Black leaders waiting to see if Starbucks changes

Will nationwide racial bias trainings for Starbucks employees undo the damage the company’s reputation has suffered in recent months? That remains to be seen, as the black community waits to see if the coffee conglomerate’s companywide “racial bias” trainings on Tuesday represent a real cultural shift for the company or just more “lip service,” experts said.

“I haven’t been in a Starbucks since this happened,” said Paula T. Edgar, Esq., founder and CEO of New York-based PGE LLC, a speaking, executive coaching and diversity consulting firm. She’s also president of the Metropolitan Black Bar Association, the largest black bar association in New York state. “I, as a consumer, want to hold companies that I give money to accountable. I wasn’t going to go back until after this, to see whether it was a lot of lip service.”

Starbucks came under fire globally due to the April 12 arrest in a Rittenhouse Starbucks of two black men, Donte Robinson and Rashon Nelson. A manager, who later left the company, called police on them for sitting in the café while not ordering anything.

On May 29, black business owners held a “#CoffeeWhileBlack” roundtable discussion, organized by Red Bay Coffee at Amalgam Comics & Coffeehouse in East Kensington, about ending “retail racism” and the importance of supporting black businesses.

“The most beautiful thing that happened after Starbucks wasn’t people saying ‘Boycott Starbucks. It was saying, ‘We ain’t gotta boycott Starbucks, just go to Amalgam … you can walk in Amalgam, they won’t call the police on you, you can be around black folk, you can have that black joy,” Marc Lamont Hill, owner of Uncle Bobbie’s Books & Coffee in Germantown, said during the discussion. “To me, the response to white people who say, ‘Oh we don’t want you in our stuff,’ isn’t to say, ‘We’re going to protest you until you want us in your stuff.’ Get your own damn stuff, and we have our damn stuff, so just use it.”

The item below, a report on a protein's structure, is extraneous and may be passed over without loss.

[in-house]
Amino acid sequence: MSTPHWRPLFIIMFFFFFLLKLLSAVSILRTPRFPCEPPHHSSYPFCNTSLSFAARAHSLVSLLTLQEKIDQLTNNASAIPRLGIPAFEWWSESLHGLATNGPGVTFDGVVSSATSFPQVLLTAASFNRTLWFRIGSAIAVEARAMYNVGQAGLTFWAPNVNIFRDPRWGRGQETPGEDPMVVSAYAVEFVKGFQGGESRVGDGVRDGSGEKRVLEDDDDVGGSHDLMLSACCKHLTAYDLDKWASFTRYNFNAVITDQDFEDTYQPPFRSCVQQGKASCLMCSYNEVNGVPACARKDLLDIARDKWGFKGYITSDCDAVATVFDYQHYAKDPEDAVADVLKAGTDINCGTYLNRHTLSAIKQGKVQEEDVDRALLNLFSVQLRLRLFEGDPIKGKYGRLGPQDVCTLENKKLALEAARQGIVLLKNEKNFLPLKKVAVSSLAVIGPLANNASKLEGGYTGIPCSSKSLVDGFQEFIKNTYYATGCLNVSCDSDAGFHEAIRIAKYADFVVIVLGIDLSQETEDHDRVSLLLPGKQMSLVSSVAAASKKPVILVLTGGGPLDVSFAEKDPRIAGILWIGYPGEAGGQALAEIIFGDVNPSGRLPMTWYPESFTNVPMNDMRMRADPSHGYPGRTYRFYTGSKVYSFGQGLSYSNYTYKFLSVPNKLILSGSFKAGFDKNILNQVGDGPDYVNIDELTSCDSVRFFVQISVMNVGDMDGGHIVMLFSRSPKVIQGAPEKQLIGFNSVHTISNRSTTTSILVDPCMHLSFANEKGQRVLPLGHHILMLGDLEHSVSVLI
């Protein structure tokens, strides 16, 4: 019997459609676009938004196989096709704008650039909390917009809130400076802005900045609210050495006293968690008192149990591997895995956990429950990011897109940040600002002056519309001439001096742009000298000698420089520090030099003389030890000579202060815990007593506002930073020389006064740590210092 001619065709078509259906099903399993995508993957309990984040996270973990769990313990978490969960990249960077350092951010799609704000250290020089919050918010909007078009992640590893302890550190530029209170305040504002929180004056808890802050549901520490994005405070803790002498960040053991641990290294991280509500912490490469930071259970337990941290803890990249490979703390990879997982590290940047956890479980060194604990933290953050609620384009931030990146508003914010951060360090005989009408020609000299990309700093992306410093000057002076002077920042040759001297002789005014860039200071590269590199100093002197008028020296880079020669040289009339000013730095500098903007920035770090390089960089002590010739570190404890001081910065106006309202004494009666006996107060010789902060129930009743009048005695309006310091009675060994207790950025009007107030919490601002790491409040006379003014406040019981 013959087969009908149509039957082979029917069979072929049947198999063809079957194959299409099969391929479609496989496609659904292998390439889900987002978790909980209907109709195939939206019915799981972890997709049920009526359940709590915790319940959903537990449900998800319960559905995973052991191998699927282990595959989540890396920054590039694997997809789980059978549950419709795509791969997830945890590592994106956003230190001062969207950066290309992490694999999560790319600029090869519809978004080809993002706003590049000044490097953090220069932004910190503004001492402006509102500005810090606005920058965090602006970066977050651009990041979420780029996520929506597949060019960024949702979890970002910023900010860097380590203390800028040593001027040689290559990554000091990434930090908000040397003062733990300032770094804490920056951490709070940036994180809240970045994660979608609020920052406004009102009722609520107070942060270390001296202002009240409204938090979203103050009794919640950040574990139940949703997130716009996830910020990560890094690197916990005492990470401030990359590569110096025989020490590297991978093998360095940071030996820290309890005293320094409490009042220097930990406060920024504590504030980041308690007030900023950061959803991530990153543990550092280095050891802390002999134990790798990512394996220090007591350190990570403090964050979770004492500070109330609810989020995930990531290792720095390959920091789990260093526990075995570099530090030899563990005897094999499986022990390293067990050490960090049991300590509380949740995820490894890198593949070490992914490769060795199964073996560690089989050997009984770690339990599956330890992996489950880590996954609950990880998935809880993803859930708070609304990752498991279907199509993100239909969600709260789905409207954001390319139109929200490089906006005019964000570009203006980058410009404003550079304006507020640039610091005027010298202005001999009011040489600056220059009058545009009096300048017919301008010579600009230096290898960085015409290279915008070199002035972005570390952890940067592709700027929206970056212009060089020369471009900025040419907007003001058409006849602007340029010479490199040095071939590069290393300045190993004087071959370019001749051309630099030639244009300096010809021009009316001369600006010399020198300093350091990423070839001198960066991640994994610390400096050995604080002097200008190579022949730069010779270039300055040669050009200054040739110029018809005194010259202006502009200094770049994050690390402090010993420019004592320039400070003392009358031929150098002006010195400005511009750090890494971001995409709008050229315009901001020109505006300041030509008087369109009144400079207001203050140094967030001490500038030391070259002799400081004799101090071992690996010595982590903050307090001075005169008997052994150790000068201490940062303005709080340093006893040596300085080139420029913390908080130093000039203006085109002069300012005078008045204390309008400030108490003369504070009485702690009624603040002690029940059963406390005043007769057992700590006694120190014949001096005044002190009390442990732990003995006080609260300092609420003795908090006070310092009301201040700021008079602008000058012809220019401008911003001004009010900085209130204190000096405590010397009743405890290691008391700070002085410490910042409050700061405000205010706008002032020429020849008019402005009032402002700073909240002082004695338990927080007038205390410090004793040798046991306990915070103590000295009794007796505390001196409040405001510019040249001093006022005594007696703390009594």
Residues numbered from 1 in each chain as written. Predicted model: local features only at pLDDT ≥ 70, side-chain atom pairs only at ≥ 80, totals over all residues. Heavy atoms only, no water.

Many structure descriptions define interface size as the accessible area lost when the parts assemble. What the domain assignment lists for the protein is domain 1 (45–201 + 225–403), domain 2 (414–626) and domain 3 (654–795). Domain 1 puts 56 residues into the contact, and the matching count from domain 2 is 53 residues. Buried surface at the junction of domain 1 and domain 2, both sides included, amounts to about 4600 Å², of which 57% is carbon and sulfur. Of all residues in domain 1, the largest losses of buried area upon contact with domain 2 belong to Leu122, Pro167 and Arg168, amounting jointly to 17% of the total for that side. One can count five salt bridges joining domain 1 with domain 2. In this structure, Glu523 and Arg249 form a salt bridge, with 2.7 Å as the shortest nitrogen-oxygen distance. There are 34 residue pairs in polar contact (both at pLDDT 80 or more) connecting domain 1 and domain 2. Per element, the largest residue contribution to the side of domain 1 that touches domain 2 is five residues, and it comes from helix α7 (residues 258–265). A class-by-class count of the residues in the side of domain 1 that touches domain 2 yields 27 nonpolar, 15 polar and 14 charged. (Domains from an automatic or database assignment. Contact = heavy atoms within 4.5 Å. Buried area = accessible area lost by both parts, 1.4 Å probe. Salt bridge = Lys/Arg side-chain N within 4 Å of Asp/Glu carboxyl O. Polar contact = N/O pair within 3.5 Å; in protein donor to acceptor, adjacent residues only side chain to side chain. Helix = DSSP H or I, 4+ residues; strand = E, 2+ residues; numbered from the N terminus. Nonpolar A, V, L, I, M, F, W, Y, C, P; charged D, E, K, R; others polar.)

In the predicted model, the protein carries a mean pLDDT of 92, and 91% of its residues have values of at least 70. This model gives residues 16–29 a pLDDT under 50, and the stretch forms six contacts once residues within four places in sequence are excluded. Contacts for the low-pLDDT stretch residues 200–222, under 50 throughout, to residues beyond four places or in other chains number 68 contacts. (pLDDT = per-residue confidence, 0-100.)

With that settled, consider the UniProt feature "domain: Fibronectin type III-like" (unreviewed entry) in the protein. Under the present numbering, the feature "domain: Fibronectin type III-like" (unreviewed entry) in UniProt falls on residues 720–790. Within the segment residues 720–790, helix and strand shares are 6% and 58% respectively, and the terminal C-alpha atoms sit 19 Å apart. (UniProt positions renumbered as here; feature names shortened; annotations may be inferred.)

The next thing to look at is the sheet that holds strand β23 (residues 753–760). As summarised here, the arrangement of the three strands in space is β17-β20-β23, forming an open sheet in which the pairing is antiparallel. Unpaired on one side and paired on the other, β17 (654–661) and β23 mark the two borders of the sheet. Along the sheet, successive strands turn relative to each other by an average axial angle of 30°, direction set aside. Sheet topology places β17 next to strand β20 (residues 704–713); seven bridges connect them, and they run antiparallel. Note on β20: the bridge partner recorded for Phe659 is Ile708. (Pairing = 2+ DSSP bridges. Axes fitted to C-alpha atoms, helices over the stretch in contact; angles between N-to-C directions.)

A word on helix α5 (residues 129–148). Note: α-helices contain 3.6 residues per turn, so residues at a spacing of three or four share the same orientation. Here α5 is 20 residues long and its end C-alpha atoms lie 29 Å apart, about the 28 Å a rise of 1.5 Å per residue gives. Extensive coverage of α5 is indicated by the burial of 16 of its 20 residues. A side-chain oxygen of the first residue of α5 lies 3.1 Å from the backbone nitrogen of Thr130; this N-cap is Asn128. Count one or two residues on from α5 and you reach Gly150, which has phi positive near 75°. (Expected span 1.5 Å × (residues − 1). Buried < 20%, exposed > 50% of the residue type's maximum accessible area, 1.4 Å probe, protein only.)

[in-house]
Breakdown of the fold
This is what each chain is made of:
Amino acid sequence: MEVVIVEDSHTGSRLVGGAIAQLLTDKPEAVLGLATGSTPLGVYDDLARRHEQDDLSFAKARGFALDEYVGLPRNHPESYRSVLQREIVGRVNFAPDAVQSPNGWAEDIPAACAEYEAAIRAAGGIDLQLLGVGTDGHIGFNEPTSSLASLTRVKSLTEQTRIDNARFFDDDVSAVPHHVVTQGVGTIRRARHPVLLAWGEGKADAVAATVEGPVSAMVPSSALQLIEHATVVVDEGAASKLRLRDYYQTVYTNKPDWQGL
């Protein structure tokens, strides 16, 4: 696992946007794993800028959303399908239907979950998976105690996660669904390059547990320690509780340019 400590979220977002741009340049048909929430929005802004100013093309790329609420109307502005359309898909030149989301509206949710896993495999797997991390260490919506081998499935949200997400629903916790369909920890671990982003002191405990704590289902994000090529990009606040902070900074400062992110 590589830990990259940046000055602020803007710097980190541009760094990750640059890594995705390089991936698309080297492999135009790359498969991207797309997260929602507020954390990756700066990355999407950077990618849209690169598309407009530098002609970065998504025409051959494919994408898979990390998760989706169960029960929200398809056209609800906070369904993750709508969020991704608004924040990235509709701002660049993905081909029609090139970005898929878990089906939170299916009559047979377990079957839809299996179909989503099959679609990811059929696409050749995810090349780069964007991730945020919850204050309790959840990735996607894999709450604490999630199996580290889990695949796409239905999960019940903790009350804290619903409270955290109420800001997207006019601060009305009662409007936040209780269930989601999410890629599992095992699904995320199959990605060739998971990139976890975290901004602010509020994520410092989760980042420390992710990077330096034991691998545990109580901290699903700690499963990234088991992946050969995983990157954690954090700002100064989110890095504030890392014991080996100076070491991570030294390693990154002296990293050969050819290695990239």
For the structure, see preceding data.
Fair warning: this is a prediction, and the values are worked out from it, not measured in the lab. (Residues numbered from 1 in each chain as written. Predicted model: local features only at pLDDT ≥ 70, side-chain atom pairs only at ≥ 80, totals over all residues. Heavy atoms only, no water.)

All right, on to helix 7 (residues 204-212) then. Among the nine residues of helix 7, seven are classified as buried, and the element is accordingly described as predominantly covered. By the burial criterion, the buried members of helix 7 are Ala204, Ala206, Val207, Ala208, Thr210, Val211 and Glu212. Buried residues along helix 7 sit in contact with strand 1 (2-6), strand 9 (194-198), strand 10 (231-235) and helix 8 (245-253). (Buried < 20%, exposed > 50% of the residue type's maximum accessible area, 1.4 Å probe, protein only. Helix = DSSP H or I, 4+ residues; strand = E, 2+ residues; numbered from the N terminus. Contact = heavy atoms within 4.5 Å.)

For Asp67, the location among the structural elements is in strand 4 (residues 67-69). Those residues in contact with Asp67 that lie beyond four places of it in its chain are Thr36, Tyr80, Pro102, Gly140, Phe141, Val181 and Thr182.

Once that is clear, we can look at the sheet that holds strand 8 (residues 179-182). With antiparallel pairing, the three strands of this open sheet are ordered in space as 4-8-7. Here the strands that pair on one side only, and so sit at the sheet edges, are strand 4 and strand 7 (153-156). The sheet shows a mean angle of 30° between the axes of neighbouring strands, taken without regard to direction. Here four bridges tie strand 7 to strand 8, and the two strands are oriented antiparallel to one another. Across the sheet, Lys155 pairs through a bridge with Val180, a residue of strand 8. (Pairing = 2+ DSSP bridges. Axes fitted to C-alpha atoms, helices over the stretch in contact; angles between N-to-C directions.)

Nelson and Robinson quickly settled a legal action against the city of Philadelphia with a city agreement to allocate $200,000 in funds to a new School District program for young entrepreneurs. They settled with Starbucks for a confidential financial settlement, an agreement that the company would bring them on to advise the company on diversity matters, and financial aid to complete college. Among the company’s actions in apology was the closing of 8,000 Starbucks locations in the U.S. for “racial bias training.” Starbucks has also changed its policy on bathroom usage to allow nonpaying customers to use the restroom facilities.

“This is only a start,” Edgar said. “There needs to be not just a training, but they also need to have policies that are inclusive, that speak to equity, diversity and inclusion, so it’s not just a training, but it’s the culture of the organization that has shifted.”

While the Philadelphia incident drove many African-American customers to boycott of the Seattle-based, international coffee mega-chain, Edgar maintained that the companywide training could be a step in the right direction.

“If they have done this right, the people who are attending will be more empathetic,” Edgar said. “I believe that is the key to building bridges, understanding despite the color differences and other differences we have that are external, if we can understand we have experiences that are similar hopefully the training, if done right, can spark that kind of conversation.”

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